Messe Da Pacem
Music by Pierre Villette, Yves Castagnet and Maurice Ravel
Choir of Royal Holloway, Rupert Gough
Cavaillé-Coll organ of the Notre-Dame d’Auteuil in Paris
Ad Fontes AF004. 75’27
Ravel: Pavane pour une infante défunte / Requiem æternam
Pierre Villette: Messe Da Pacem; Élévation; Hymne à la Vierge; Salutation angélique
Yves Castagnet: Messe Breve; Veni Sancte Spiritus
This recording from the Choir of Royal Holloway brings together three composers spanning 20th-century France, including arrangements of the Ravel and Villette Messe Da Pacem by the choir’s director, Rupert Gough. It was recorded in the summer of 2019 (apparently in sweltering heat) in the church of Notre-Dame d’Auteuil in Paris, using the important newly restored Cavaillé-Coll organ, originally completed in 1855 with an inaugural recital given by Widor.
The recording opens with Rupert Gough’s arrangement of Ravel’s Pavane pour une infante défunte for choir and organ, adding the words of the Introit to the Requiem Mass: Requiem æternam. It is a far cry from the image of a little Spanish princess dancing, but the title itself was, as Ravel put it: “nothing to do with the composition. I simply liked the sound of those words”. It makes an appropriate prelude to the main work, Villette’s Messe Da Pacem, also arranged for choir and organ by Rupert Gough.
Pierre Villette (1926–1998) finished the Messe Da Pacem in 1970, although early drafts date back to 1951. It is scored for choir, echo choir, soprano soloist, full symphony orchestra, and one or two organs. Rupert Gough’s adaption of the symphonic score for organ reflects the registration possibilities of a Cavaillé-Coll organ, with its range of orchestral colours, as well as the organ composition technique of Villette’s teacher, Maurice Duruflé, whose own Requiem has a formidable organ score. The result, as performed by Andrew Dewar on the Cavaillé-Coll organ of the Notre-Dame d’Auteuil in Paris, is exceptional/
The musical roots of the Mass are in the mid-century Parisian tradition of Duruflé and Debussy, with some wonderfully sensuous harmonies and choral and organ textures. The recording captures the sound well, no easy task, given that the choir and the organ were at opposite ends of the church. The pronounced vibrato of soprano Sarah Fox (first heard at the intonation of the Gloria) is something that I would normally criticize but, here (and in the Salutation angélique), it adds a certain Gallic je ne sais quoi. The extended Gloria opens and closes with some exciting organ flourishes with several reflective solo moments in between. A magical moment comes during the Sanctus when an echo (Céleste)choir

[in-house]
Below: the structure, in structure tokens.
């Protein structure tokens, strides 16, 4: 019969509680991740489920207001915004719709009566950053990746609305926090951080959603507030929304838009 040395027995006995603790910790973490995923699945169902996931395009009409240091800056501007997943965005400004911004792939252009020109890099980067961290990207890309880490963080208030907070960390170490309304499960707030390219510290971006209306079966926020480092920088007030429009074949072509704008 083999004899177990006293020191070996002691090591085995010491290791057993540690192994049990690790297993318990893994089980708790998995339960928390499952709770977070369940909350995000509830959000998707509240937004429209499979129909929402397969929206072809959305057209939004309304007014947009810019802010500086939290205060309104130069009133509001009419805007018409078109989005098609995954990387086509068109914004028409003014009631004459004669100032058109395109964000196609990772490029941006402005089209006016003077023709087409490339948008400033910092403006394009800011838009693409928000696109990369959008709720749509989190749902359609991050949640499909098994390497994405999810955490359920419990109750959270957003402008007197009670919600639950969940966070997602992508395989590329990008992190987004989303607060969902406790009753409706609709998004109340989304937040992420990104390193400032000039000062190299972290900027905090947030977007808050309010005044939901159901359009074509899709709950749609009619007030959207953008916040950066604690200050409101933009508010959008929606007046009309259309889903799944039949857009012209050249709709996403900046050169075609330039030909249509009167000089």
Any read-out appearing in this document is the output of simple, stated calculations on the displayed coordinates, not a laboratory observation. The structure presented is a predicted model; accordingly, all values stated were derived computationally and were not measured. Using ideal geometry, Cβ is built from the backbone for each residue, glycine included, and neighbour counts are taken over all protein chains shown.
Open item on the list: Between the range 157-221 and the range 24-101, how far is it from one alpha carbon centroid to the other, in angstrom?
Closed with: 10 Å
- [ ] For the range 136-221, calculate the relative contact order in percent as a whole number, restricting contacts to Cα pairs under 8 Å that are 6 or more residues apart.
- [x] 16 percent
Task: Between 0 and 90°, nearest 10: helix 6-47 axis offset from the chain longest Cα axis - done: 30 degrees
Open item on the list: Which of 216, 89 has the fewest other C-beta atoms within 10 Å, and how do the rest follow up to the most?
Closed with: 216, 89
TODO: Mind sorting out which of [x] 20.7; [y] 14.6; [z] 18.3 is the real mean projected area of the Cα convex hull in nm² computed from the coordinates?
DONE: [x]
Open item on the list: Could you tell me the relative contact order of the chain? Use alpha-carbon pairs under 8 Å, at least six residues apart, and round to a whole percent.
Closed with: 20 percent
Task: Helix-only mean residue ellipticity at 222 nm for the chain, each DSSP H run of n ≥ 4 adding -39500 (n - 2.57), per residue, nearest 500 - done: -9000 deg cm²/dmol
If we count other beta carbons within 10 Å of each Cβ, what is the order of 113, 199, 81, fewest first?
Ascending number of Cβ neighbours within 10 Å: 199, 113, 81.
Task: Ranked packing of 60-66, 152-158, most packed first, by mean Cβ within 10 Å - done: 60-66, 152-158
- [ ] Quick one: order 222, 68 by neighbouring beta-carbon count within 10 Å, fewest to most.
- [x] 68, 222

The three shorter Villette pieces were all composed during recuperative stays in the French Alps, where he become organist of Notre-Dame de Toute Grâce du Plateau d’Assy, a modernist church famed for its inclusion of contemporary art, with works by Bonnard, Braque, Chagall, Léger and Matisse. The ethereal solo organ Élévation was composed with that church’s organ in mind. The Hymne à la Vierge is the only Villette piece generally known to choirs. It was originally entitled Prière à Notre-Dame de Toute Grâce, and is dedicated to the priest of that church. Both were composed n 1955.
Yves Castagnet (b.1964) is organist at the choir organ of Notre Dame de Paris, a separate entity to the organist of the grand west-end organ. From there he directs most of the daily service music as well as teaching with the Association Musique Sacrée à Notre-Dame de Paris. The 1991 Messe Breve was his first composition and was intended to fit within the requirements of the Notre-Dame liturgy, after the Second Vatican Council. Liam Condon is the organist.
The Veni Sancte Spiritus was composed in 2013 for the 850th anniversary of Notre-Dame and was apparently written the day before. Both pieces reveal a composer of note within the French tradition, the Veni Sancte Spiritus having a particularly lively part.
This recording is very welcome, demonstrating some little-known aspects of recent French compositions as well as the strength of the British choral tradition, safe in the hands of the likes of the talented Choir of Royal Holloway.